Appeal from the United States District Court for the Southern District of Indiana, Evansville Division. No. 79 C -- Gene E. Brooks, Judge.
Wood, Posner, and Flaum, Circuit Judges.
The plaintiffs, Mr. and Mrs. Allen, a coal miner and his wife, brought this suit for damages under ERISA (Employee Retirement Income Security Act, 29 U.S.C. §§ 1001 et seq.) against the trustees of a union employee-benefit trust, alleging that the trustees had breached their fiduciary duty to the Allens by refusing to pay the medical expenses incurred when Mrs. Allen had a baby. Both parties moved for summary judgment. The district court granted the trustees' motion and dismissed the complaint. The Allens have appealed, contending that the trustees did not act "with the care, skill, prudence, and diligence under the circumstances then prevailing that a prudent man acting in a like capacity and familiar with such matters would use in the conduct of an enterprise of a like character and with like aims." 29 U.S.C. § 1104(a)(1)(B). When, as in this case, the trial court with the parties' acquiescence treats the hearing on cross-motions for summary judgment as the trial and enters (as it did) findings of fact and conclusions of law as required in a bench trial by Rule 52(a) of the Federal Rules of Civil Procedure, its findings can be overturned on appeal only if they are clearly erroneous. Starsky v. Williams, 512 F.2d 109, 111 (9th Cir. 1975); see Lac Courte Oreilles Band of Lake Superior Chippewa Indians v. Voigt, 700 F.2d 341, 349 (7th Cir. 1983).
The trust was set up under a collective bargaining agreement with the nation's bituminous coal operators. They agreed to fund the trust according to a schedule of payments based on the amount of coal mined and the number of hours the miners worked. The agreement was due to expire on December 6, 1977. On March 21, 1977, the trustees wrote a letter to the miners warning them that because of wildcat strikes the payments to the trust were running below the expected level and benefits might have to be reduced. Mrs. Allen became pregnant in May. On June 18 the trustees wrote the miners again, this time telling them that benefits would be reduced, beginning on July 1. On November 29, with the trust's assets equal to less than one week's average payment of benefits, the trustees again wrote the miners, this time telling them that no benefits would be paid after December 6 if there was an industry-wide strike. There was a strike, and so the payment of benefits ceased. Mrs. Allen gave birth on January 15, 1978, and her claim for payment of the medical expenses related to the birth was denied in accordance with the trustees' letter of November 29. Payments of medical benefits to miners and their families resumed after the strike was settled in March and a new collective bargaining agreement signed, but the new agreement contained no provision for payment of medical expenses that had been incurred during the strike.
Although there is no question that the Allens were covered by the union health-benefits plan and that the plan provided for maternity benefits, the Allens do not appear to be contending, and could not successfully contend, that they had a contractual right to the benefits that the trustees refused to pay them. Their claim did not accrue before the collective bargaining agreement expired, for the plan provided for no prenatal benefits and the birth took place after the plan lapsed. Also, the plan provided that "In the event the assets of the [trust] become insufficient to pay the benefits provided hereunder, the benefits may be suspended or reduced to amounts which, in the judgment of the Trustees, can be paid from the assets of the [trust]." There is no dispute that the assets did become insufficient; so the trustees were authorized to suspend them.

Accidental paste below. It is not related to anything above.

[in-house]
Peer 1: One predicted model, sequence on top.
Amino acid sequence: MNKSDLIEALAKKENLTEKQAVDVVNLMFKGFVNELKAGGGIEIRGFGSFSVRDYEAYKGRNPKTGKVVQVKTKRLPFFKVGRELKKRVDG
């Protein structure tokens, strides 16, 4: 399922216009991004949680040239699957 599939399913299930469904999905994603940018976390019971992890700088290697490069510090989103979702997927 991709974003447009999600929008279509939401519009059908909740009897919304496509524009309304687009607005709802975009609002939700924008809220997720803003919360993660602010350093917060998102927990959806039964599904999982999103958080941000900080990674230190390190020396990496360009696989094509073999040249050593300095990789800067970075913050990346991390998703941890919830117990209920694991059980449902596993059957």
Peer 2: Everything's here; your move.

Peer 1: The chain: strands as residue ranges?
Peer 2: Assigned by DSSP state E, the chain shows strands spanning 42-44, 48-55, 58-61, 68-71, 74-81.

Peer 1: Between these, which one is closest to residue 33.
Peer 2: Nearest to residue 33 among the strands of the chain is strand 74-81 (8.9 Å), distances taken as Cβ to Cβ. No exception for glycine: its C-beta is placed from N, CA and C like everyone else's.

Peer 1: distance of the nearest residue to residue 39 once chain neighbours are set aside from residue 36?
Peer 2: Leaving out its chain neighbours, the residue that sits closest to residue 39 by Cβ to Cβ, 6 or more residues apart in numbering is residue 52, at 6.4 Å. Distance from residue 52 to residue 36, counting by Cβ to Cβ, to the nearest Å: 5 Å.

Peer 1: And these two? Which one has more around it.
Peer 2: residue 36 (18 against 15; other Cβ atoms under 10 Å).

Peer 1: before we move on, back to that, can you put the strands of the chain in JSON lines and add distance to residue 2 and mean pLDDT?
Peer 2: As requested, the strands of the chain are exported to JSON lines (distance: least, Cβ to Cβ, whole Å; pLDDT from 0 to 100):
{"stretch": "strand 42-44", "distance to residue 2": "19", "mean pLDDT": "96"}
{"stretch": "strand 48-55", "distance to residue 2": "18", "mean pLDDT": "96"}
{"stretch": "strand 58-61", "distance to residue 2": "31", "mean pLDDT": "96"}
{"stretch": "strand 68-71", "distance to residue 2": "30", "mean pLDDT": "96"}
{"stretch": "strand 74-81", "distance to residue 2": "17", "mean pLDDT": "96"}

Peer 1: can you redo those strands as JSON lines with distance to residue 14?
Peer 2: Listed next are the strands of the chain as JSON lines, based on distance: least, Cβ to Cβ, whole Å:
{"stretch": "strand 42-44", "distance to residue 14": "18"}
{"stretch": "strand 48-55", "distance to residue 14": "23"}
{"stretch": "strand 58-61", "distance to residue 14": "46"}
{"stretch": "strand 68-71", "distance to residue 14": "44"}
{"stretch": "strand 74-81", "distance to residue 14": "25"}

There was thus no breach of contract. But the Allens argue that the trustees had a fiduciary duty to make an exception in their letter of termination of November 29 for someone like Mrs. Allen who had already "incurred" the medical expenses for which she was seeking reimbursement, or alternatively that they had a duty to give the Allens earlier notice of termination.
Now Mrs. Allen had not in fact "incurred" these medical expenses as of November 29. All of the expenses for which she is seeking payment in this suit were incurred after she gave birth; the plan as we have said did not provide for prenatal benefits. What is true is that by November 29 she was irrevocably committed to incurring medical expenses in the near future, just as Mr. Allen would have been if on November 28 he had been diagnosed as having a gallstone. The argument is thus that the trustees, rather than announcing a cut-off of all benefits if and when a strike occurred, should have reserved some funds for people like Mrs. Allen who were certain to incur medical expenses in the near future and thus would have particular difficulty obtaining alternative insurance coverage.